At last, Tanya got to visit Podgorica, Montenegro. Not that she necessarily has any family ties here but she was anxious to see a city containing the root of her maiden name, Podgornoff (Podgornov). The word “Podgor” translates in various Slavic languages as roughly “the base of the hill or mountain” and Podgorica is the town at the base of the mountain. Tanya knew that her ancestors were named for being the people at the base of the mountain and so Montenegro’s small capital city, Podgorica, called to her. As you can see, she was very excited to be here.
With only about 186,000 people, Podgorica is one of the smallest capitals in Europe and the city has a distinctive small-town feel to it. It’s not high on most European travelers’ list which was another reason we had to go there. Podgorica has a very small but efficient airport and it was an easy taxi ride to our home for the next two nights, the New Star Hotel. We had a nice third-floor room overlooking the town and after settling in, set out to do a little grocery shopping and exploring.
As we were searching for our restaurant for dinner, Lanterna, a pair of very nice young women saw us looking at our street map and speaking very good English, asked if they could help us. We were two streets off target and their directions were right on in getting us to where we wanted to go. Lanterna is a dimly lit, rustic kind of restaurant specializing in Montenegrin cuisine and pizza. This is not surprising in Montenegro, as we learned over the next few days that Italian cuisine is very popular and often easier to find than the grilled meat dishes that characterize traditional Montenegrin fare. We went for the mixed grill plate for two, a huge platter of grilled chicken, sausages, pork and beef atop a bed of fries. So much for keeping with our usual “plant-strong” diet. With a couple of schopska salads and a bottle of the local red, our bill was 35 euros, about half of what we’d have to pay in Wiesbaden.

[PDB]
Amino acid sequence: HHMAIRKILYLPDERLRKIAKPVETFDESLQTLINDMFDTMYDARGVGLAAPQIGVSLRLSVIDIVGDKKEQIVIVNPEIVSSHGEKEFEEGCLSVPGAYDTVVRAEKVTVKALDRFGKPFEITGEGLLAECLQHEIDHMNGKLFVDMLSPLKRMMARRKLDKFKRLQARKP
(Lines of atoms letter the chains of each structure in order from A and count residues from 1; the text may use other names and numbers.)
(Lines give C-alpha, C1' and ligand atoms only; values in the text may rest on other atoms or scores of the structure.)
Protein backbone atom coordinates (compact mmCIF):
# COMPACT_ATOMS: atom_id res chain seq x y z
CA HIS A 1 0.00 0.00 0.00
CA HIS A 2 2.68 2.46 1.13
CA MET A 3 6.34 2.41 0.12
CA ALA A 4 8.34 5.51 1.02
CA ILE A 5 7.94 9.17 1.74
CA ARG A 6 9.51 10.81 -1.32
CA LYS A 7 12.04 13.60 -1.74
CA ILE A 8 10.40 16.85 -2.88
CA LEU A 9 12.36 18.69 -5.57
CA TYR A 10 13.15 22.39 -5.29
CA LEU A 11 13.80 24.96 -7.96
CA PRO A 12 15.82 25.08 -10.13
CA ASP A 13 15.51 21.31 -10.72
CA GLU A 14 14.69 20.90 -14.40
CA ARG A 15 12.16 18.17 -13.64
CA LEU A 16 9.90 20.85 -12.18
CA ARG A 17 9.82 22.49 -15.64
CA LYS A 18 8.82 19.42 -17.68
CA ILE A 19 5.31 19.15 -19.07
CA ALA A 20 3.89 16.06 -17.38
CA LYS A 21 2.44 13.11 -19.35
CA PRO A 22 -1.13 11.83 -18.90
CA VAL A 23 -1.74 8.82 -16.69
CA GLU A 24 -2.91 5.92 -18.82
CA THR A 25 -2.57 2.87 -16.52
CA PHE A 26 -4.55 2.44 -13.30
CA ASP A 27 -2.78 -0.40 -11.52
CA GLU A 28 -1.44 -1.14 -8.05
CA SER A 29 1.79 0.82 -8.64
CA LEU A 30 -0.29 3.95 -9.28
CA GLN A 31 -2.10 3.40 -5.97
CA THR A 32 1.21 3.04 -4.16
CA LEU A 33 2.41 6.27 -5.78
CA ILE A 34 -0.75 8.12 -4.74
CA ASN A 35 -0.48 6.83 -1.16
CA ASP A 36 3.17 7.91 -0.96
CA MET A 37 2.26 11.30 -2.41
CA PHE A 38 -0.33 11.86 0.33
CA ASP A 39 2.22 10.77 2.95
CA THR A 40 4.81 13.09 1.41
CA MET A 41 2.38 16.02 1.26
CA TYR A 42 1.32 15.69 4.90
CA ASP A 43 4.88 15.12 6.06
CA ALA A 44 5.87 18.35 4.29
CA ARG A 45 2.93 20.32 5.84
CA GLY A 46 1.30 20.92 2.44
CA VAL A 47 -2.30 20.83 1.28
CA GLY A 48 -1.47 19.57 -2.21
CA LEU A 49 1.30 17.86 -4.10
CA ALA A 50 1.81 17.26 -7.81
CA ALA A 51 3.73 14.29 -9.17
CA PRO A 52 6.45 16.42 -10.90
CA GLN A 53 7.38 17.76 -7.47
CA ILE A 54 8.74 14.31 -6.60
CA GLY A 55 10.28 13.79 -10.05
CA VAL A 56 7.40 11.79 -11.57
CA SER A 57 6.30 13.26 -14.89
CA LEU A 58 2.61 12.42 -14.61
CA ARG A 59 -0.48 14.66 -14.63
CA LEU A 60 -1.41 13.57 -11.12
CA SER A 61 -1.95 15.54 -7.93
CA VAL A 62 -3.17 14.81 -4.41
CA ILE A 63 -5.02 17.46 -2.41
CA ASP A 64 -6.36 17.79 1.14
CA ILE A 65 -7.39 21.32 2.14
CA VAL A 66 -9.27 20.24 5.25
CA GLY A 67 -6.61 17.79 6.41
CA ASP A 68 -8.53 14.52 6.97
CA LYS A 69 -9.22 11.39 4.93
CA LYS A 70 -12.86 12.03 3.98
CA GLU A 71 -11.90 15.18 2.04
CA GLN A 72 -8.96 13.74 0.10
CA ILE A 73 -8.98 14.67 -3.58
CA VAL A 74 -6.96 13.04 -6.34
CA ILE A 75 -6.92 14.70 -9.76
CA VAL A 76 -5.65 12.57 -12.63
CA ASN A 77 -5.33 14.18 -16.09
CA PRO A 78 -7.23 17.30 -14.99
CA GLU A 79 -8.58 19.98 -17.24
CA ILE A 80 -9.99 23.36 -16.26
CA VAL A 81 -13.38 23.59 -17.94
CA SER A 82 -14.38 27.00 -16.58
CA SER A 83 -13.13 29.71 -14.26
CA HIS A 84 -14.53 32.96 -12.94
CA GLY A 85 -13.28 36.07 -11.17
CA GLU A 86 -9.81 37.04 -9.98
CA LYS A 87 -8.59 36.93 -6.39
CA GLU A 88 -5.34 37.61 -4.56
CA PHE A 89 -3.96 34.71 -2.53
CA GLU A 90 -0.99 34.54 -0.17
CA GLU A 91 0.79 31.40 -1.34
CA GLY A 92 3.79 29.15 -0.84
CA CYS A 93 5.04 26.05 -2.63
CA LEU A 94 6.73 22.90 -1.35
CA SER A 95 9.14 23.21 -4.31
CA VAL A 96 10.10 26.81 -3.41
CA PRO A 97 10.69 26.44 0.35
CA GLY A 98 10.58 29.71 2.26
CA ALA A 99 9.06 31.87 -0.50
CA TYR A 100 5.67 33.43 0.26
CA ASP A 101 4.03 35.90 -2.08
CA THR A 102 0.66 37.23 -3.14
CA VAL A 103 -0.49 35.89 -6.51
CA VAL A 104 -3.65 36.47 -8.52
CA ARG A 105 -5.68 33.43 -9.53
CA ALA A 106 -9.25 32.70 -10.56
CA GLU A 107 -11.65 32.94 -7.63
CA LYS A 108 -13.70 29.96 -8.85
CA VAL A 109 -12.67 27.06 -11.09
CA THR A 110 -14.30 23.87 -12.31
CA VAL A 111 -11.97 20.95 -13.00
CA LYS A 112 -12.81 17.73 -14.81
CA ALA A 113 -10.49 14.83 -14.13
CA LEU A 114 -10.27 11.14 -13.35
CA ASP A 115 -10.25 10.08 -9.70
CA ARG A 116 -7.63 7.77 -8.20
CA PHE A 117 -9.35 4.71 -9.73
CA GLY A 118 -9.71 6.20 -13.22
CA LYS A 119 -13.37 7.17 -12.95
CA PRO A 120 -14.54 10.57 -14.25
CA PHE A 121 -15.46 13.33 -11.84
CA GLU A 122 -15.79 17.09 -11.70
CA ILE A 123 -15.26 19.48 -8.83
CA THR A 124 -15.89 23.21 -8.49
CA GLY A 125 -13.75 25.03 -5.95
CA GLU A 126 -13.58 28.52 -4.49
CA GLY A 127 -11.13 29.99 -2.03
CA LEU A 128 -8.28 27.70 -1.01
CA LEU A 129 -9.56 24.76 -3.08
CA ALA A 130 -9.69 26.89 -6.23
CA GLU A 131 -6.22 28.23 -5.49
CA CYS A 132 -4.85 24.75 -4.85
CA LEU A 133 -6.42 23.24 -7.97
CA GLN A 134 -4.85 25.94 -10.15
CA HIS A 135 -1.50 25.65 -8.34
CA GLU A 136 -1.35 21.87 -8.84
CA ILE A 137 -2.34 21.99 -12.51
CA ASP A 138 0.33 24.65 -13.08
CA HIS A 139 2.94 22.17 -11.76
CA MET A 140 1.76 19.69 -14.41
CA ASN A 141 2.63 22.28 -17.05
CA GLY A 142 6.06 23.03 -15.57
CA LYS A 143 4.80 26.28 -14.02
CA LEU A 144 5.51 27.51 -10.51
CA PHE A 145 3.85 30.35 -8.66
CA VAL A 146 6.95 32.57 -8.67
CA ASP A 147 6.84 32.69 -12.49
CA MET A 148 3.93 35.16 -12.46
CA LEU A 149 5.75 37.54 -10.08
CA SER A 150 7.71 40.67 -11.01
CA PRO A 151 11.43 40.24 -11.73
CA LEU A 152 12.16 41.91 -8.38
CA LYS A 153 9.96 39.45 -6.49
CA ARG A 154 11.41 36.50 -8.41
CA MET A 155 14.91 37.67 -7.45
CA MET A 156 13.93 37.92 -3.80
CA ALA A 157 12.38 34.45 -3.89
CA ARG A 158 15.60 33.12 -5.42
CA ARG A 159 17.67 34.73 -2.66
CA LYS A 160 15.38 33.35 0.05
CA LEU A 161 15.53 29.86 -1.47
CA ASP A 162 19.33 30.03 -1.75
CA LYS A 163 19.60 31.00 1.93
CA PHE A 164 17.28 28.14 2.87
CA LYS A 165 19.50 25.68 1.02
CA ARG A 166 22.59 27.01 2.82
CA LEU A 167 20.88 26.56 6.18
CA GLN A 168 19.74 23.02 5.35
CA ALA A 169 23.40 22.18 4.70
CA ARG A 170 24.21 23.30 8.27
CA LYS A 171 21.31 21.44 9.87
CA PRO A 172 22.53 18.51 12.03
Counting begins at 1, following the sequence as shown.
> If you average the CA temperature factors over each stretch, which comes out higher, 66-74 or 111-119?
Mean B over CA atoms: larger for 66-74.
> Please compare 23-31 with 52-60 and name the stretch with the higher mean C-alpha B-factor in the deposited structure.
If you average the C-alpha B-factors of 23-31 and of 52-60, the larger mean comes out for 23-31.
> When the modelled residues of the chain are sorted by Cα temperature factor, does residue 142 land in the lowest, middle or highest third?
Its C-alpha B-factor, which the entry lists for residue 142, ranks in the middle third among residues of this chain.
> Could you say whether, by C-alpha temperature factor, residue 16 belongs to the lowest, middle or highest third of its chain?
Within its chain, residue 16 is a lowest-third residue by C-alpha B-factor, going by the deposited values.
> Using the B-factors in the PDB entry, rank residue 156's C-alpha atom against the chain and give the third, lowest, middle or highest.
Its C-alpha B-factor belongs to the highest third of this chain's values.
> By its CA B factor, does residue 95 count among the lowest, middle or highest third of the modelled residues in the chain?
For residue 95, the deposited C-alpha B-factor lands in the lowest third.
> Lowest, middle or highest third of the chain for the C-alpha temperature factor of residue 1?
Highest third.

With the dim lighting and Barry White music piped throughout the restaurant we got the impression that Lanterna just might be the local link-up place for after-work dalliances. Our opinion was supported by the presence of a young, female junior-management type at a nearby table sharing cocktails with and displaying an unusually keen interest in practically everything being said by her tablemate, a balding, business suited man significantly senior to her in years. Of course, they could just have been colleagues meeting for a drink after work but it’s fun to invent stories when you’re on the road.
Walking back through town toward our hotel we got a glimpse of city Podgorican life. In the main square a volleyball net had been set up and groovy loud rock music blared throughout the square. It being too hot to stay at home in one of the many apartment buildings reminiscent of post-Yugoslav urban housing, Podgoricans were out in force, with their children, grandmothers, aunts and uncles. It was the kind of authentic Balkan experience that would never find its way into any guidebook. It was wonderful.